December 2017
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Streetscapes: The Newsrack Nuisance

newsracks clutter

Far too often, the city’s newsracks serve more as garbage bins and hosts for graffiti than as providers of publications. Despite the passage of a law meant to regulate the design and placement of newsracks, dilapidated models clutter our sidewalks. You can help curb this blight, and help the Municipal Art Society and its partners in the New York City Newsrack Safety Committee demonstrate to City Hall that its current regulation of newsracks isn’t working.

After more than a decade of advocacy, the MAS and its Streetscape Committee were encouraged when the City Council passed tough new regulations mandating clean, secure newsracks in April 2003. The Department of Transportation began enforcing the law but just a year later, the regulations were greatly loosened to allow newsrack owners merely to “self-certify” that they attempt to perform maintenance and cleaning.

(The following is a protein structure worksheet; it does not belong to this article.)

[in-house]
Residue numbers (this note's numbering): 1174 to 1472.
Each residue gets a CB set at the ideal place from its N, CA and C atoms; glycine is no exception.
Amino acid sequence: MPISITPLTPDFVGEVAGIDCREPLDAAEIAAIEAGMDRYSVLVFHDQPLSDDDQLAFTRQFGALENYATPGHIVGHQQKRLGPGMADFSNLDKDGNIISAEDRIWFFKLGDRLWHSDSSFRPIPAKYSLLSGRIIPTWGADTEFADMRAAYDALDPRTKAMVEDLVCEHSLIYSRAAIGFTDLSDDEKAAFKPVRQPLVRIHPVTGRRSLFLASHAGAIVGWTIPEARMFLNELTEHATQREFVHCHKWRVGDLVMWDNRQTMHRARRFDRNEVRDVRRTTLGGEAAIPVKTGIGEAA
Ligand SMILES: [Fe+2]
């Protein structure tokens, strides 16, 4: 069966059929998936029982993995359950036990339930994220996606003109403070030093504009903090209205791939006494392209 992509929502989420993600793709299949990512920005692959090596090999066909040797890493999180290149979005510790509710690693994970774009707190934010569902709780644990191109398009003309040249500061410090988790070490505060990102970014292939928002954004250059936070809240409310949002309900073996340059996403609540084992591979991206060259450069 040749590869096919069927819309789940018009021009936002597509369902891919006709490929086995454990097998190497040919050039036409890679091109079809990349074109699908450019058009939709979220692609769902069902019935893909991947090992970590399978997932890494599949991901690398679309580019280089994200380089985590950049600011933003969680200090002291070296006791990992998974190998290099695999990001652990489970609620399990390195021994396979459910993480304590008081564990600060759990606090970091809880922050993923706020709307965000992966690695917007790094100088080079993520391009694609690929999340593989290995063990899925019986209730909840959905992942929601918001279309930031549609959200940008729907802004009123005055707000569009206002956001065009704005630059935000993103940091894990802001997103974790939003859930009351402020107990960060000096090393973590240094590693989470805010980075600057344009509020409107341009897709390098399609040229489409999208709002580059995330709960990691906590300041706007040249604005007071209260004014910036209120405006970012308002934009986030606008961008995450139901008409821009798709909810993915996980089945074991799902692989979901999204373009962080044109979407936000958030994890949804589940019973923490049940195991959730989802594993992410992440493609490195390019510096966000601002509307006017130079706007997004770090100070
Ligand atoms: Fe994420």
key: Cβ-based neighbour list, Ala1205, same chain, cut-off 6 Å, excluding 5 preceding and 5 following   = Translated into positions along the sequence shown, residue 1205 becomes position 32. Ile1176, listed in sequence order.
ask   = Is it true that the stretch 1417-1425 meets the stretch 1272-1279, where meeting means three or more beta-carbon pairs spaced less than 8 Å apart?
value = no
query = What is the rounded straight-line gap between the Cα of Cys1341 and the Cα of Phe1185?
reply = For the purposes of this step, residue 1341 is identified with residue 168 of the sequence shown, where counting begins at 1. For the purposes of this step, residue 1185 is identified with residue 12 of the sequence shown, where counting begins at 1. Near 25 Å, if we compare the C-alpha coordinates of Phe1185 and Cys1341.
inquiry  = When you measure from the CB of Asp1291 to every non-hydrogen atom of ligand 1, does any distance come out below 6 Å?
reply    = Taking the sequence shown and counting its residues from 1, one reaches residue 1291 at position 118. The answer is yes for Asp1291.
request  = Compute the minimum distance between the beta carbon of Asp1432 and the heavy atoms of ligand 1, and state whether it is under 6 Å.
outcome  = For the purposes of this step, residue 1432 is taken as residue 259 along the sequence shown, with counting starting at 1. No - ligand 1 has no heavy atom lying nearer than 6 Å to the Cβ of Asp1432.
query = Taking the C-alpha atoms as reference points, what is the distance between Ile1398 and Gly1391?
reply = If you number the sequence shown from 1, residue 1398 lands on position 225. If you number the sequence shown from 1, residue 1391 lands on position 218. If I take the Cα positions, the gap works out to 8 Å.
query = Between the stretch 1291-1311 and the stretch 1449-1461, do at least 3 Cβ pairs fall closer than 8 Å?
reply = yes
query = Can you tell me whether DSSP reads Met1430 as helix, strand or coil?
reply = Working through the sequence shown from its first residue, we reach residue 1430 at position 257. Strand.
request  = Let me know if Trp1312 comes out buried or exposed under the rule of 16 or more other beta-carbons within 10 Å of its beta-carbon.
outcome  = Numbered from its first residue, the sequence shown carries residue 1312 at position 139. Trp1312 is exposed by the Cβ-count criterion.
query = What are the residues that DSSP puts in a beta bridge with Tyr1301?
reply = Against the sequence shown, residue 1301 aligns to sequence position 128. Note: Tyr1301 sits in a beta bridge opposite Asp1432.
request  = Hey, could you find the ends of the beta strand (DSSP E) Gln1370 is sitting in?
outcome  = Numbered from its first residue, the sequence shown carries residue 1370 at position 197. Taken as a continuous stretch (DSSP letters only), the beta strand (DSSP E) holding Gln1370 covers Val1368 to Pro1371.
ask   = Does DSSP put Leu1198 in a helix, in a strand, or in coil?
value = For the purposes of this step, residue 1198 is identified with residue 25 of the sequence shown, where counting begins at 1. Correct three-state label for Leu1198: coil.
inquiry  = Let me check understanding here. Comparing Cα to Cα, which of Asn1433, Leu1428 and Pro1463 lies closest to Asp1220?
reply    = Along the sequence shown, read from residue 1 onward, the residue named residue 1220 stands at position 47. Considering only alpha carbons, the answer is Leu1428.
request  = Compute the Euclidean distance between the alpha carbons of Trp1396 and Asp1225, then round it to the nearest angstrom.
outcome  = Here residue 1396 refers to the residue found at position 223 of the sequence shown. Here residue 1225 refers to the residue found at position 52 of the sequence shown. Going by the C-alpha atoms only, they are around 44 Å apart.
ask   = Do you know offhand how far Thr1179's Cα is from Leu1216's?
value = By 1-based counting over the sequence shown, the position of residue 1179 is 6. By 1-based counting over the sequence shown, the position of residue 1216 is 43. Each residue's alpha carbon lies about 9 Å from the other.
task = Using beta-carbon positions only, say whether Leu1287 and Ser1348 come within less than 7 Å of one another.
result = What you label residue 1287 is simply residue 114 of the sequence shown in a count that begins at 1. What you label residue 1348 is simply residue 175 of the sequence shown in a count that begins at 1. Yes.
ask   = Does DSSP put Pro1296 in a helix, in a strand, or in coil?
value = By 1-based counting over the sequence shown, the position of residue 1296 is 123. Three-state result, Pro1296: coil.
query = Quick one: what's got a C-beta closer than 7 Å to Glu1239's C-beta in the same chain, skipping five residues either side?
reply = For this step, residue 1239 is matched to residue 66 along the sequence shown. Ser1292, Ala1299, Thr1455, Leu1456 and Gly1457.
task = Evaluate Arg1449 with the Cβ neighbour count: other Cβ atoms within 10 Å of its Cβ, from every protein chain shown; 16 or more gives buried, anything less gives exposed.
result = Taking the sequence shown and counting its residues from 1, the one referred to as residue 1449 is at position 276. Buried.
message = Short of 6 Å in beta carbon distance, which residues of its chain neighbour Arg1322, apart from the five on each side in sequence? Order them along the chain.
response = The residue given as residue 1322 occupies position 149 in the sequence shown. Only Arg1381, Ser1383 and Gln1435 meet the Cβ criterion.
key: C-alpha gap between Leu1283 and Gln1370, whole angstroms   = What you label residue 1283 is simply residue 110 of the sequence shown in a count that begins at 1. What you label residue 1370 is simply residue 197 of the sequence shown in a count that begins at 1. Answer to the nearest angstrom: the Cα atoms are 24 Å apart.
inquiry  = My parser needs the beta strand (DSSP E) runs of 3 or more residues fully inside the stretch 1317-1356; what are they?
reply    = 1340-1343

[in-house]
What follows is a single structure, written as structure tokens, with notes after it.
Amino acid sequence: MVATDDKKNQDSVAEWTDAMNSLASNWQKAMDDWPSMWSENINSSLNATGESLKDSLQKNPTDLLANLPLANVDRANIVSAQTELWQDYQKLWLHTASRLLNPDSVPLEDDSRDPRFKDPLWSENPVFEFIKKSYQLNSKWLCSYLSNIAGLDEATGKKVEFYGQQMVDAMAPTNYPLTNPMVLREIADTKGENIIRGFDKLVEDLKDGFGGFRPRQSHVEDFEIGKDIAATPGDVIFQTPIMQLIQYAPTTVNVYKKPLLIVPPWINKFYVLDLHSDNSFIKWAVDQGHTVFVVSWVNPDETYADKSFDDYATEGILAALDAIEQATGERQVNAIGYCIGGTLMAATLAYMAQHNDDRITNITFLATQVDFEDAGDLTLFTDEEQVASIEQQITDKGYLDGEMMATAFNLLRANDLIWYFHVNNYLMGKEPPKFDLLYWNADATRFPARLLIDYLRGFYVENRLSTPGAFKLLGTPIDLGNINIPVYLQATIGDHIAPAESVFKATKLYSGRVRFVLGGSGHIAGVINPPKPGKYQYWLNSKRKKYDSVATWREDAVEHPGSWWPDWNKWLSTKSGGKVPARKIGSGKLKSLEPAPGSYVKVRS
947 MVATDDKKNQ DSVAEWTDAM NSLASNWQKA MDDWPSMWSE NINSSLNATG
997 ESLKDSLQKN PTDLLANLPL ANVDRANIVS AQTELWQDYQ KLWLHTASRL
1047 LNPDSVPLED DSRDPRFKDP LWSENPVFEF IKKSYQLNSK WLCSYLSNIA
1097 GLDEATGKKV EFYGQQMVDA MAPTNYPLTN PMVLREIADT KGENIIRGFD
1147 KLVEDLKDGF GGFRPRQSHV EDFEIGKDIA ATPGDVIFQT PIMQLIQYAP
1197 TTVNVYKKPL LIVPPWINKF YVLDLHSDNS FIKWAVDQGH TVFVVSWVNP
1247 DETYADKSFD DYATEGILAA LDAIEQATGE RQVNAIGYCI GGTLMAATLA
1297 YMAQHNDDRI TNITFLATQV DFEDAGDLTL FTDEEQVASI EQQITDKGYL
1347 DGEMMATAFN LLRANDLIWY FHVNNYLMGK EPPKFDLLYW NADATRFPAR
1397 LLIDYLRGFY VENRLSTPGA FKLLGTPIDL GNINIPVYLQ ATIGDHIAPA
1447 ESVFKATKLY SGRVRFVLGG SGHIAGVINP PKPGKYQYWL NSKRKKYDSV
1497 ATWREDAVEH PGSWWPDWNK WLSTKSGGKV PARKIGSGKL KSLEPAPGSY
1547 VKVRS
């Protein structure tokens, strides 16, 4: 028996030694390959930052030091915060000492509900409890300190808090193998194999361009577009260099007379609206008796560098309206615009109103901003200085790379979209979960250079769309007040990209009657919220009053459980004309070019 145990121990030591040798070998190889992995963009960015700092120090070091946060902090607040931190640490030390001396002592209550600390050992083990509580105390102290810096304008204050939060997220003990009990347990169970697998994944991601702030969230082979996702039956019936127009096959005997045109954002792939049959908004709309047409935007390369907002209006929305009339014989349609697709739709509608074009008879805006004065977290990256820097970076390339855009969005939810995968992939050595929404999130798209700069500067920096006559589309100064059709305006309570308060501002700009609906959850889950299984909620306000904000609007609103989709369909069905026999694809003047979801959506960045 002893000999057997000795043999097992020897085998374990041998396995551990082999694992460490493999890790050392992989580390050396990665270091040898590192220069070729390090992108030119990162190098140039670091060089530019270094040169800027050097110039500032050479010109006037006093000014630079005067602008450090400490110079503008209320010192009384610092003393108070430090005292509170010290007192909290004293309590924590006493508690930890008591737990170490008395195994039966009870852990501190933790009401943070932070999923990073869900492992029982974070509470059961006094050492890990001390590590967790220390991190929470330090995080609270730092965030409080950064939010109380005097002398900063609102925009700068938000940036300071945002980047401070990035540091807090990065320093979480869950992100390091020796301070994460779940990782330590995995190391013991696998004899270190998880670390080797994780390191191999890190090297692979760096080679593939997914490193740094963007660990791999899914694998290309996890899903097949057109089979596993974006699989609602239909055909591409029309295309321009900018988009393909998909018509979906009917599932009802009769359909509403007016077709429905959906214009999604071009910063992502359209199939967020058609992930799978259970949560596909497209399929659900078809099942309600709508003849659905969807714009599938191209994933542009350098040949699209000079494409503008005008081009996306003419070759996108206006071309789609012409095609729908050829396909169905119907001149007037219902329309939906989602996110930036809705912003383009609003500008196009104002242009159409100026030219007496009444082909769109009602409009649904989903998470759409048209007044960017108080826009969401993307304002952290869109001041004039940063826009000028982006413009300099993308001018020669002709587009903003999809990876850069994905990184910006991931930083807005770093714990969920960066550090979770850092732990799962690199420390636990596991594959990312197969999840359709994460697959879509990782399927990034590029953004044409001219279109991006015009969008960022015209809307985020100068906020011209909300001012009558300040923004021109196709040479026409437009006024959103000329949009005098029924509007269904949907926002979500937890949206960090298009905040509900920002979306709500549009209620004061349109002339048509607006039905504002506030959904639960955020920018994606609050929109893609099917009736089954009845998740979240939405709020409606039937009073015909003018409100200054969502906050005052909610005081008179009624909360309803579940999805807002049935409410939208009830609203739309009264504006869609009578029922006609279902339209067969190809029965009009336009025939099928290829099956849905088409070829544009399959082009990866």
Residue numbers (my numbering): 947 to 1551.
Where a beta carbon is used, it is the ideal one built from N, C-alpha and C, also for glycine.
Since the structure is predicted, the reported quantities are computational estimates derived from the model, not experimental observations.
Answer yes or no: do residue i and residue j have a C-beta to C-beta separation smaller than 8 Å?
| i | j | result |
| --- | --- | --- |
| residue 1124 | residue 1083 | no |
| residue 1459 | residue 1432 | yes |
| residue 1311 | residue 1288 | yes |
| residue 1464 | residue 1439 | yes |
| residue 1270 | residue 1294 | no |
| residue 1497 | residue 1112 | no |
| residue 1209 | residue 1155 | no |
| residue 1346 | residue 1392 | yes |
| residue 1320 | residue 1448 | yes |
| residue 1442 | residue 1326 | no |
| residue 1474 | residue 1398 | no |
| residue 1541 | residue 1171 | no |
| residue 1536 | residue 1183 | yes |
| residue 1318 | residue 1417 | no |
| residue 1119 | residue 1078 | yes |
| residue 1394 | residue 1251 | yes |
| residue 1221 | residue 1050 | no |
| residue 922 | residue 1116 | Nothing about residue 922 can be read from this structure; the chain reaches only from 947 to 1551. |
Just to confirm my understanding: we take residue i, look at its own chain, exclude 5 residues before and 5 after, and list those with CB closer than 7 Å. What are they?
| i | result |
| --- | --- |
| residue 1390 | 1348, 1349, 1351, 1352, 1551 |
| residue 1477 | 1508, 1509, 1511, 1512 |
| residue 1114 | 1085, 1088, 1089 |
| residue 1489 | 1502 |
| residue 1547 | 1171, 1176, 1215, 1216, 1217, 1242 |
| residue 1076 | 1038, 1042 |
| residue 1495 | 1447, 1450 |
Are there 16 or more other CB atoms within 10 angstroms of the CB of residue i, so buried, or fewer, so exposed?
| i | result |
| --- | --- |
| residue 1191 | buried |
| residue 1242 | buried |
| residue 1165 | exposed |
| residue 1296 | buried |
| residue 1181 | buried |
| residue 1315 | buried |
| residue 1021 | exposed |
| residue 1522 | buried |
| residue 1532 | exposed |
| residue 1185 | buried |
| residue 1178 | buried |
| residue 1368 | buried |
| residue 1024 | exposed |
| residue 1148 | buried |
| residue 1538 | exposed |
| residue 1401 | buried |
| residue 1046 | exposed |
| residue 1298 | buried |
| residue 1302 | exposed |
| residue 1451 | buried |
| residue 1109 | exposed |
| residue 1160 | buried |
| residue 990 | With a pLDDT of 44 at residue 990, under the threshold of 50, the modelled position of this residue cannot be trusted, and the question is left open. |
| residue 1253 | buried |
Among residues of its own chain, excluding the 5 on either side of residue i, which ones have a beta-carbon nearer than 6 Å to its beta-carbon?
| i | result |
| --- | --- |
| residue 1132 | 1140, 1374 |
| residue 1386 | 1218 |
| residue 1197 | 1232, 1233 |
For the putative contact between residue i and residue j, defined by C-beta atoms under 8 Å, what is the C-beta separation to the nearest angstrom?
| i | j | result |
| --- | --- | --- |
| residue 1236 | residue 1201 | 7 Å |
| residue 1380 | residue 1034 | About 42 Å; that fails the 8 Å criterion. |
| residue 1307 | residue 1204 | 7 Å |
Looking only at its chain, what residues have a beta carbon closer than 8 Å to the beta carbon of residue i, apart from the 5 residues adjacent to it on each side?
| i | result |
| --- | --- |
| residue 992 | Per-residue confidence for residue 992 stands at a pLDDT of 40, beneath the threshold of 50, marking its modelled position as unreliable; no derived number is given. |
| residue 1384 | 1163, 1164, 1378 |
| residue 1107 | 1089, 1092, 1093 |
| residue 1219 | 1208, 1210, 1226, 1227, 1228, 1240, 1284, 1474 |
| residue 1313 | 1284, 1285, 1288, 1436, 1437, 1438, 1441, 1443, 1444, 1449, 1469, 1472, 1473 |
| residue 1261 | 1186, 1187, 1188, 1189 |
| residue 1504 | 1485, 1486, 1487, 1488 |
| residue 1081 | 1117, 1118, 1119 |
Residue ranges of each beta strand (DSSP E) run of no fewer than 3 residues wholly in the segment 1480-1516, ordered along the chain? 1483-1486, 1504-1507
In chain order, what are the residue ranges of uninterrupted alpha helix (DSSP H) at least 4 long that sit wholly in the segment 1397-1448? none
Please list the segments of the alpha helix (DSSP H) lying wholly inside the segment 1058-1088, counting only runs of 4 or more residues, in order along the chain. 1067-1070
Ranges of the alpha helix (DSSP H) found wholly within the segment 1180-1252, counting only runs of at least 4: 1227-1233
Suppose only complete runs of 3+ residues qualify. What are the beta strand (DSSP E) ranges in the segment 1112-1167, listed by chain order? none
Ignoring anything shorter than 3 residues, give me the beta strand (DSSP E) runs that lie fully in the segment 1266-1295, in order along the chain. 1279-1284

A walk down the street—in Greenwich Village, for instance—shows that this approach is not working. Dirty, abandoned and refuse-filled newsracks are commonplace.

The MAS has prepared a one-page summary of key requirements that newsracks and their owners must comply with. Please download summary (at right) it and call 311 to report those newsracks that fail to meet the city’s requirements. After you call, please e-mail us with your complaint number and the location of the newsrack. Your complaints will help the MAS and the Newsrack Safety Committee show the city that the current newsrack law doesn’t work and needs to be revised.

Our partners on the newsrack committee are Carnegie Hill Neighbors, CIVITAS, East 79th Street Neighborhood Association, East Sixties Neighborhood Association, Landmark West!, Murray Hill Neighborhood Association, and Sutton Area Community.